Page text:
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Last updated on 4 July 2019
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A solid induction can help new governors understand their roles and be effective straight away. Use our free e-learning induction training module to get them off to a great start.

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  1. Induction is recommended
  2. Use our free governor induction training
  3. Check with your LA or academy trust 
  4. Run in-school induction training
  5. More help with managing governor induction

Induction is recommended

It's good practice for new governors to have induction training. 

This is important because: 

  • Your board will work most efficiently when everyone knows their roles and responsibilities 
  • Ofsted will consider governors' commitment to their development as part of the 'leadership and management' judgement 

Your board needs to:

  • Identify induction and ongoing training needs
  • Encourage all governors to take advantage of the resources, guidance and training available to them
  • Set aside a budget for governor training needs

This is set out in the Governance Handbook (page 35).

Use our free governor induction training

Governor Induction is an e-learning module we created with Lloyds Banking Group and Governors for Schools

The module takes about an hour to complete and includes information, activities, videos and practical resources that cover:

  • A governor's role and responsibilities
  • The impact governors make
  • Learning about the school
  • Attending the first board meeting
  • A governor's accountabilities

It takes around an hour to complete. You need to create an account with Governors for Schools to take the course, but it's free to access

It's designed specifically for new governors, but can also be a useful refresher for more experienced governors.

Check with your LA or academy trust 

Formal induction courses from your local authority (LA) or academy trust can also give new governors a chance to learn about their new roles and network with governors from different schools at the same time.

Salford City Council, for example, runs a 1-day induction course covering:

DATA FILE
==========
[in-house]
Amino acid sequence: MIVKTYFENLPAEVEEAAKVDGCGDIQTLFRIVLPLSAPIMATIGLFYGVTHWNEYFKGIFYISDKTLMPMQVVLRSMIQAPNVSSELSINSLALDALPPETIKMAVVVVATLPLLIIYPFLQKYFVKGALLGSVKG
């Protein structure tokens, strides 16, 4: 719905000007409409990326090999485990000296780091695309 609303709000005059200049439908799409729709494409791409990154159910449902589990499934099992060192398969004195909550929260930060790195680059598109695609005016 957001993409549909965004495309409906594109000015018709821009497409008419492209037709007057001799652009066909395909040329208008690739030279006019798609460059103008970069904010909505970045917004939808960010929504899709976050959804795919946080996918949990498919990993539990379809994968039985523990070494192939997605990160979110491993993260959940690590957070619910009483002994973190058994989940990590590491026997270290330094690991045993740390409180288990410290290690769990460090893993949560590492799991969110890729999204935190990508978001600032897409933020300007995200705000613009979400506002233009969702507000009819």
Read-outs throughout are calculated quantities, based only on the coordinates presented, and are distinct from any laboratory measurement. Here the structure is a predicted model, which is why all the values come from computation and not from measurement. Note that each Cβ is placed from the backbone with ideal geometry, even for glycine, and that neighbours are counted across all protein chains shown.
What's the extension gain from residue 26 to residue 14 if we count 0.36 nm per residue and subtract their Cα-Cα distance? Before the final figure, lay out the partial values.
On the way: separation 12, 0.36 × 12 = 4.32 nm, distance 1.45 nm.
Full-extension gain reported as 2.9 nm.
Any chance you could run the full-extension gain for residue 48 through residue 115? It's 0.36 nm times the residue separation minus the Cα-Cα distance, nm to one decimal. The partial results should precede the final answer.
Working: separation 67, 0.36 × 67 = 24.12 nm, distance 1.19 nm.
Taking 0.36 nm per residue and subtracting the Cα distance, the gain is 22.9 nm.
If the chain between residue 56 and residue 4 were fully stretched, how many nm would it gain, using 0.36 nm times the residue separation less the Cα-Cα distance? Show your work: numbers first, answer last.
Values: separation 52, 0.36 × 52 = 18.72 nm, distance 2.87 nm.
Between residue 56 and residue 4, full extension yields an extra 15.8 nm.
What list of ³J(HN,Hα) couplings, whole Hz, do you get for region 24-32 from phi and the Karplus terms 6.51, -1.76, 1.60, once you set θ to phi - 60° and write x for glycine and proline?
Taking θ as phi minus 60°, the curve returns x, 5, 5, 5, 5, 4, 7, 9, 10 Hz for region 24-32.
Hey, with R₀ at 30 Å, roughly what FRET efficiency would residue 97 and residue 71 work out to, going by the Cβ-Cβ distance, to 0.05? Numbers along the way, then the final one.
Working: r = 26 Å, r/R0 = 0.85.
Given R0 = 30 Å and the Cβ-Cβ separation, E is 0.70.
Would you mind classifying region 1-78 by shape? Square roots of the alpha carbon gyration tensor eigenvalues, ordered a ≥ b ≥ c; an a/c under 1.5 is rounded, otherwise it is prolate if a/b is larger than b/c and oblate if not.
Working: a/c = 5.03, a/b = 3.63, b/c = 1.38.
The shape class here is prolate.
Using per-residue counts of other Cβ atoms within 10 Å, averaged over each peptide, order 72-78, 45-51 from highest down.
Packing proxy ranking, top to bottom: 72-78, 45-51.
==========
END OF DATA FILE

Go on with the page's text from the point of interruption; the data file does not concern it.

• The principles of good governance
  • The roles and responsibilities of governing bodies
  • How the governing board should challenge and support the work of the school
  • Governors' use of data
  • Ofsted's impact on the role of the governing board and what to expect from a school inspection

Run in-school induction training

Give new governors information about the school they're going to be serving. Run in-school induction that includes:

  • A tour of the school
  • An introduction to staff
  • Meetings with the headteacher and chair
  • A meeting with the school council
  • An introduction to a governor mentor/buddy

Make sure new governors receive copies of all the important documents, like a copy of the school's last Ofsted report.

More help with managing governor induction

Use our induction checklist 

If you're organising induction, download our induction checklist. It will help you stay on top of the tasks you need to carry out, and the paperwork you need to pass on to your new governors

See what other schools do

Get some inspiration with these examples of governor induction policies from schools. 

Make sure your new governors have access to The Key

Tell your new governors to register themselves with The Key for School Governors so they can access our full range of resources, read up on the topics they're likely to encounter and keep up-to-date with changes in education.

They'll require a personal login, which they can create online. Tell them to: 

  • Visit My Key (
  • Have your school's postcode to hand, which they will need for the registration
  • Fill in the short registration form, and select 'The Key for School Governors' when given the option

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